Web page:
But a special meal? Experienced or prepared? That was a hard question. And the more I thought about it, the more I came back to what can only be called a regular event I have at home.

Chemical Burn

You see, the lady in my life—we’re set to be married in October—is also both a foodie and a cook of considerable talent. She brings to the table southern cooking, Cuban, Fusion, and is a master of finding amazing meals on Pinterest. She’s an experimentalist who likes to try the next recipe that she’s never tried before. Between the two of us, there’s little we won’t tackle, and so far, we’ve been pretty successful, if I do say so myself.

The truth is, there isn’t really a single meal that stands out in my memory. What stands out for me is what happens whenever the mood stirs us, in our own kitchen, and we get to work our magic together. We’re motorcyclists, and we like to travel. We putter around the house, and we walk our dog. But above it all, probably one of our favorite things is when we have the opportunity to spend an evening or afternoon or entire day in the kitchen.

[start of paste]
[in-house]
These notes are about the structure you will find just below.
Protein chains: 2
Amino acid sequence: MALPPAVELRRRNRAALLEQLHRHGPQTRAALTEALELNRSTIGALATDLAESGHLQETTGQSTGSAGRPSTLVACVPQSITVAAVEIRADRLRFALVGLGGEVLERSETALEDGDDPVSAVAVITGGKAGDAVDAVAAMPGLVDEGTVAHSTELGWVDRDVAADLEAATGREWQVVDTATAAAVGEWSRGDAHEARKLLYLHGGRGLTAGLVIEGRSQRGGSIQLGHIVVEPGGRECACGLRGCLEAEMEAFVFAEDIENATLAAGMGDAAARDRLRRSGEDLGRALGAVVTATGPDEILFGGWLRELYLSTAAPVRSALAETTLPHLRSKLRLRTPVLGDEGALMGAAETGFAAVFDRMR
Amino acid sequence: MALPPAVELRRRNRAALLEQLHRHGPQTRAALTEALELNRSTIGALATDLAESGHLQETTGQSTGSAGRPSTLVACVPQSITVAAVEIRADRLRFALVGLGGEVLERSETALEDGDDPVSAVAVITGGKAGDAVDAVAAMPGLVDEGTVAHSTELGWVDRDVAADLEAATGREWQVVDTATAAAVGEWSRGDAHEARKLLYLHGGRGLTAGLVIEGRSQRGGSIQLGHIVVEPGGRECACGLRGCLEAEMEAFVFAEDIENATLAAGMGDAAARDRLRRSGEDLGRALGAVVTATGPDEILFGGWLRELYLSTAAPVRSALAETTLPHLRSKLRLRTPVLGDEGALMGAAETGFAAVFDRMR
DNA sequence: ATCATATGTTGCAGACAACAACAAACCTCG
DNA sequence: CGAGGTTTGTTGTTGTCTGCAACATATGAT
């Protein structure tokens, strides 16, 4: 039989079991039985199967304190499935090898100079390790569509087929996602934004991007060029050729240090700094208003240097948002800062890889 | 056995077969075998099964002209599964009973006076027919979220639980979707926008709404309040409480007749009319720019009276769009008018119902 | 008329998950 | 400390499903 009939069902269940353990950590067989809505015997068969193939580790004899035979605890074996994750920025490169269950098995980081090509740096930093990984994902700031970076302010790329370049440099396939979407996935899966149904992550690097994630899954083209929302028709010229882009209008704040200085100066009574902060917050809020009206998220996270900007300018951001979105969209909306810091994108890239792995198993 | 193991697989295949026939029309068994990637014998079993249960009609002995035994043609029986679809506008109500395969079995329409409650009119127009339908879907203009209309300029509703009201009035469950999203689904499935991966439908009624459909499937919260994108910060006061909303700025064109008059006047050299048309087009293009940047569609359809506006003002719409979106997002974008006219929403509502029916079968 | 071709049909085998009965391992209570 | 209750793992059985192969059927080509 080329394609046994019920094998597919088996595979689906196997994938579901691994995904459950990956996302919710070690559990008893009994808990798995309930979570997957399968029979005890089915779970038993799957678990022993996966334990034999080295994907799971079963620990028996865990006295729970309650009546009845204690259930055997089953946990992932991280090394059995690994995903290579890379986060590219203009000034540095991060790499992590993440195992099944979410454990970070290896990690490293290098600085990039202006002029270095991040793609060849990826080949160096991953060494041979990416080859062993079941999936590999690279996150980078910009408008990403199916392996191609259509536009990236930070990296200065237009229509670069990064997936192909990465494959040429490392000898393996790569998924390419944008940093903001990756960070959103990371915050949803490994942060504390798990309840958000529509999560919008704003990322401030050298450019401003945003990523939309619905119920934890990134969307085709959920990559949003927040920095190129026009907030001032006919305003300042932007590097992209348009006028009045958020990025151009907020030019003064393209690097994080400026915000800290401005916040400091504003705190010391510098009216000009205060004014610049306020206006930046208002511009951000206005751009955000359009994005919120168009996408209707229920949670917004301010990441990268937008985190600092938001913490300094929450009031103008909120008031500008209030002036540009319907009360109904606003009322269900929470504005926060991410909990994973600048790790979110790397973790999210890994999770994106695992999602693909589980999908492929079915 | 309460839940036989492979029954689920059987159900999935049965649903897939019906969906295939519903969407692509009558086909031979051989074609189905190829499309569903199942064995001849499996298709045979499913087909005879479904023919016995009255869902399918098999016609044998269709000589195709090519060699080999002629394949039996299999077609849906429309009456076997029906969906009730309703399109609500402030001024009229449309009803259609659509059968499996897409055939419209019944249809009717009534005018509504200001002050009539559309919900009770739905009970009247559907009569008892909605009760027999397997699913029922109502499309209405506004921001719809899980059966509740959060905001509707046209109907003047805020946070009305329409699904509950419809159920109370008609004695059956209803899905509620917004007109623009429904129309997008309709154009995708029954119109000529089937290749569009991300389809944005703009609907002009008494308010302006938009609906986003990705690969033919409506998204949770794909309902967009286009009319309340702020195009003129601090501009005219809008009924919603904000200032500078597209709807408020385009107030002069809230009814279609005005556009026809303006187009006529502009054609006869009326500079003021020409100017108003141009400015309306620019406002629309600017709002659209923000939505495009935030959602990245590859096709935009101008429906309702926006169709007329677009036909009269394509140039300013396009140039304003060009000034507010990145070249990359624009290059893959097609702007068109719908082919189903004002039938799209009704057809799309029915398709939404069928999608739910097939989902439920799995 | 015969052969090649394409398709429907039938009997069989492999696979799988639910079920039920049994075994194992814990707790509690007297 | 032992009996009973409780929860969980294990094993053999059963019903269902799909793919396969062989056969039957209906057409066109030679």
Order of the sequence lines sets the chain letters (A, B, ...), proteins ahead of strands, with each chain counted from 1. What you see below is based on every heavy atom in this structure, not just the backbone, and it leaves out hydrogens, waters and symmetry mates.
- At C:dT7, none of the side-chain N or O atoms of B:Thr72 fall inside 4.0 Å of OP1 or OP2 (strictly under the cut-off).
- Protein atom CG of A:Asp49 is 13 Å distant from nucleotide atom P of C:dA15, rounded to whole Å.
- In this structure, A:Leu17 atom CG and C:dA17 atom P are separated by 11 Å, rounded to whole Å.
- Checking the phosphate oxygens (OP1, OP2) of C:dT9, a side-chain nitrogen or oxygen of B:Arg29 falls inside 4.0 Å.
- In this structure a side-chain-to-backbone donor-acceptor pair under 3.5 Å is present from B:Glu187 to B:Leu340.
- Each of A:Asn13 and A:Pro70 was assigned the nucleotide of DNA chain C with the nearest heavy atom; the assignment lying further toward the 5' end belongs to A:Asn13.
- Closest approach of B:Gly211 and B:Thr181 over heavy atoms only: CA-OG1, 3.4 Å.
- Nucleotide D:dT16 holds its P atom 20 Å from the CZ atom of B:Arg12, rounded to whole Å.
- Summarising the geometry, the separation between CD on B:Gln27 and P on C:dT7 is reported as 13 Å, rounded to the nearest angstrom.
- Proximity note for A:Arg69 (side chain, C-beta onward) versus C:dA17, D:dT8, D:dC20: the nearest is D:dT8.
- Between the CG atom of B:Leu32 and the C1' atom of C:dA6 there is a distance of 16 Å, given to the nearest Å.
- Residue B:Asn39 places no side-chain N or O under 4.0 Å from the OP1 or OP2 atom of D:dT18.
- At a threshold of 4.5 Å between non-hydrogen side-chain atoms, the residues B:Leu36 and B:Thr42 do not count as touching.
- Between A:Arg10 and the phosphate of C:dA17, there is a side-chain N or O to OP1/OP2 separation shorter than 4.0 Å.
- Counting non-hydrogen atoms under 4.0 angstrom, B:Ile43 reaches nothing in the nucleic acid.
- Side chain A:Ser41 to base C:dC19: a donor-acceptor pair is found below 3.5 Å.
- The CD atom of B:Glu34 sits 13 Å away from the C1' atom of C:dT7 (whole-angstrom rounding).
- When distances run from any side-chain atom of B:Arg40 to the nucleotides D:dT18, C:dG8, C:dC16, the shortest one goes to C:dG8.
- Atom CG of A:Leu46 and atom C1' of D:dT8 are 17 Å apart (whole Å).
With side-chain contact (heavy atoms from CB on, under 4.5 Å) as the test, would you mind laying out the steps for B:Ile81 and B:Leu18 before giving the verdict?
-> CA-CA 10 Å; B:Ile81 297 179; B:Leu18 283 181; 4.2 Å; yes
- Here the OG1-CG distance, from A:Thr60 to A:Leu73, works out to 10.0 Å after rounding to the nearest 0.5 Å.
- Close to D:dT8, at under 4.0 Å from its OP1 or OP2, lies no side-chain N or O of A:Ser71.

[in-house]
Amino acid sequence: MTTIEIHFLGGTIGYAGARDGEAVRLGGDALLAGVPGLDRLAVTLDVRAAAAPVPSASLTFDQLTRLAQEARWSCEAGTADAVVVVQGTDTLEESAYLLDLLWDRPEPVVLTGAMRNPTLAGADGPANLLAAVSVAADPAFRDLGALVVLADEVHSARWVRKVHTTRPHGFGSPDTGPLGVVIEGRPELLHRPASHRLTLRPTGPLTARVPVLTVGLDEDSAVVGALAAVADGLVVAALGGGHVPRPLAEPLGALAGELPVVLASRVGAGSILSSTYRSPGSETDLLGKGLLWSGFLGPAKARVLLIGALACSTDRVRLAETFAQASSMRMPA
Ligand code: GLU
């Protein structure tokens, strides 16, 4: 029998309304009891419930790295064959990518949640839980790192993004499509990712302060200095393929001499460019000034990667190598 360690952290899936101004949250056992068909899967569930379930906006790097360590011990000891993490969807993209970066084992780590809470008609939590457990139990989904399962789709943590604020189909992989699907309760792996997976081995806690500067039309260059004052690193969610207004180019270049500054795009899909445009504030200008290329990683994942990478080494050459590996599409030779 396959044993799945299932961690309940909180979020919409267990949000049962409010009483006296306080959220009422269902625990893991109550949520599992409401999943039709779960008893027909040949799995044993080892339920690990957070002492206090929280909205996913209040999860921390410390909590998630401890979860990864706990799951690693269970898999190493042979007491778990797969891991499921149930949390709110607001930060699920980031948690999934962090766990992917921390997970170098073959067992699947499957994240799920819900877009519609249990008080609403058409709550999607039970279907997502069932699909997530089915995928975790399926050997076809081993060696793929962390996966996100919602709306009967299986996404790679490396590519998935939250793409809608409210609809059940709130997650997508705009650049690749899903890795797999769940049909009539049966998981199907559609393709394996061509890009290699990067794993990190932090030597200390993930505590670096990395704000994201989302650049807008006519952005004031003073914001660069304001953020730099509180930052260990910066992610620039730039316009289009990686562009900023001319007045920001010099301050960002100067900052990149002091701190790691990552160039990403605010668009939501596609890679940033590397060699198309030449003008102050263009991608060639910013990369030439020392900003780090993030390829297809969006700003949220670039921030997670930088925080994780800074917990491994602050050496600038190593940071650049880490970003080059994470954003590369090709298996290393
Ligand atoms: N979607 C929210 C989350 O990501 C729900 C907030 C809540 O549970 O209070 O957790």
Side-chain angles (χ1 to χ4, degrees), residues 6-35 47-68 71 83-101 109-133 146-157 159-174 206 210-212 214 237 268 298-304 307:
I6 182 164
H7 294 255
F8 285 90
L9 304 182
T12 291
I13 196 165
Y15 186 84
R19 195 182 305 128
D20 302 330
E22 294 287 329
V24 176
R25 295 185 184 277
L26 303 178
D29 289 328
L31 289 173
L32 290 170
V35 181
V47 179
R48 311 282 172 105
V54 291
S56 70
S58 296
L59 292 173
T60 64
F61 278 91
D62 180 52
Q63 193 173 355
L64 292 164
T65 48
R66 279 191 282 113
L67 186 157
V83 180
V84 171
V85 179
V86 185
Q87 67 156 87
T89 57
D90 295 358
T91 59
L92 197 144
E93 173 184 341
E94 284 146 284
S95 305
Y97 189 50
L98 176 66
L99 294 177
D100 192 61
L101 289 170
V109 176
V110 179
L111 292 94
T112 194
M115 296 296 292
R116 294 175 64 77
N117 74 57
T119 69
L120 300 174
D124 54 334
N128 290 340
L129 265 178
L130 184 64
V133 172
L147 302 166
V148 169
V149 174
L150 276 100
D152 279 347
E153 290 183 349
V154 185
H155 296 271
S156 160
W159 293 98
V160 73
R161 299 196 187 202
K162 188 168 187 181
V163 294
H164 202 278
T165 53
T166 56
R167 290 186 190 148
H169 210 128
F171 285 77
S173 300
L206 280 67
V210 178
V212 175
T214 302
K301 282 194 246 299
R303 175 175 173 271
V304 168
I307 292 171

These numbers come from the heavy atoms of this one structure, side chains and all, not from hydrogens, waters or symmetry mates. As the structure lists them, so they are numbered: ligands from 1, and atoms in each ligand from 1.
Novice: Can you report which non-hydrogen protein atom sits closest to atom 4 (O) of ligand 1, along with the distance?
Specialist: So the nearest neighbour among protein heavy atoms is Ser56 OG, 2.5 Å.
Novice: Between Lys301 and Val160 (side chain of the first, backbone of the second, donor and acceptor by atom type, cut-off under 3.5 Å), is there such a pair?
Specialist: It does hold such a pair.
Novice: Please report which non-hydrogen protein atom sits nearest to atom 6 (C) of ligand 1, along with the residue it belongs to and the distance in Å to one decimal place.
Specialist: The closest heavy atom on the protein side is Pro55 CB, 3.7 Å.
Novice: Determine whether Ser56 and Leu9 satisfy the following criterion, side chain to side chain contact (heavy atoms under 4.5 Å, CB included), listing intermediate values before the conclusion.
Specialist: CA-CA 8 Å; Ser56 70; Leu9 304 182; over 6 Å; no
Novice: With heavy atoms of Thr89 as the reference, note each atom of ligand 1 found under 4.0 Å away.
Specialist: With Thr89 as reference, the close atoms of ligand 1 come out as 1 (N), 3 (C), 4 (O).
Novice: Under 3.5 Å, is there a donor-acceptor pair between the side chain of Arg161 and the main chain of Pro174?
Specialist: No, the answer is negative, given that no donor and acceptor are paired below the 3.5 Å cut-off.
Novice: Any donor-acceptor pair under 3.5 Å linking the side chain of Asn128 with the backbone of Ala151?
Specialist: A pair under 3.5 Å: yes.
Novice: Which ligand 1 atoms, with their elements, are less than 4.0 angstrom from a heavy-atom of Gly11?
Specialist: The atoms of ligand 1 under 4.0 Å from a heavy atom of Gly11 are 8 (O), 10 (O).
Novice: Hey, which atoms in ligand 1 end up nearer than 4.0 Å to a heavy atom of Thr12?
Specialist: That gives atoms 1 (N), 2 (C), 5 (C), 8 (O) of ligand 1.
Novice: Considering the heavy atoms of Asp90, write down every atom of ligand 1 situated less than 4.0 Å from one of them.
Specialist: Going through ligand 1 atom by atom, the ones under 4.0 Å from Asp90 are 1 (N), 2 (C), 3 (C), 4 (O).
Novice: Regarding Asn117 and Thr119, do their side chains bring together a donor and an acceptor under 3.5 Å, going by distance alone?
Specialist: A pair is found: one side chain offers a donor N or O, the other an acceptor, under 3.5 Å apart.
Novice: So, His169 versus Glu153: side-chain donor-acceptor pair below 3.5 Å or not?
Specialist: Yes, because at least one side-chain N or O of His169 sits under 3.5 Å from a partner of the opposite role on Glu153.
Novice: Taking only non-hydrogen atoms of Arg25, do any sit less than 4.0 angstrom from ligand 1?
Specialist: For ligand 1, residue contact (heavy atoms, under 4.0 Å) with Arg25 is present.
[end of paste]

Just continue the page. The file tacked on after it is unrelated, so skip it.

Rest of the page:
It doesn’t matter if we’re cooking for just the two of us or for a large group of friends we’re having over for dinner. It doesn’t matter if it’s a quick meal or something elaborate that takes a couple of days to prepare and then consume.

For us, it’s all about that special time we get to spend together preparing a meal.

Over the past two years—since I moved in with her—it’s become one of the best ways we spend special time together. It all starts with talking about what we want to prepare, and then there’s the trip to the grocery store—often on our motorcycles. She had a big Can Am with a ton of storage, so we can haul home quite a bit. Once we get everything home, we turn on Pandora, put on comfortable clothes, and get to work.

Blood Ties

Our favorite jams are either Steely Dan or something with a Latin beat. I don’t recall if the music has ever matched the meal, although now that I think about it, I’m going to start tracking that. When the music begins to fill the house, something special happens. We disconnect from the rest of the world, and it’s just the two of us working together in a sublime act of creation.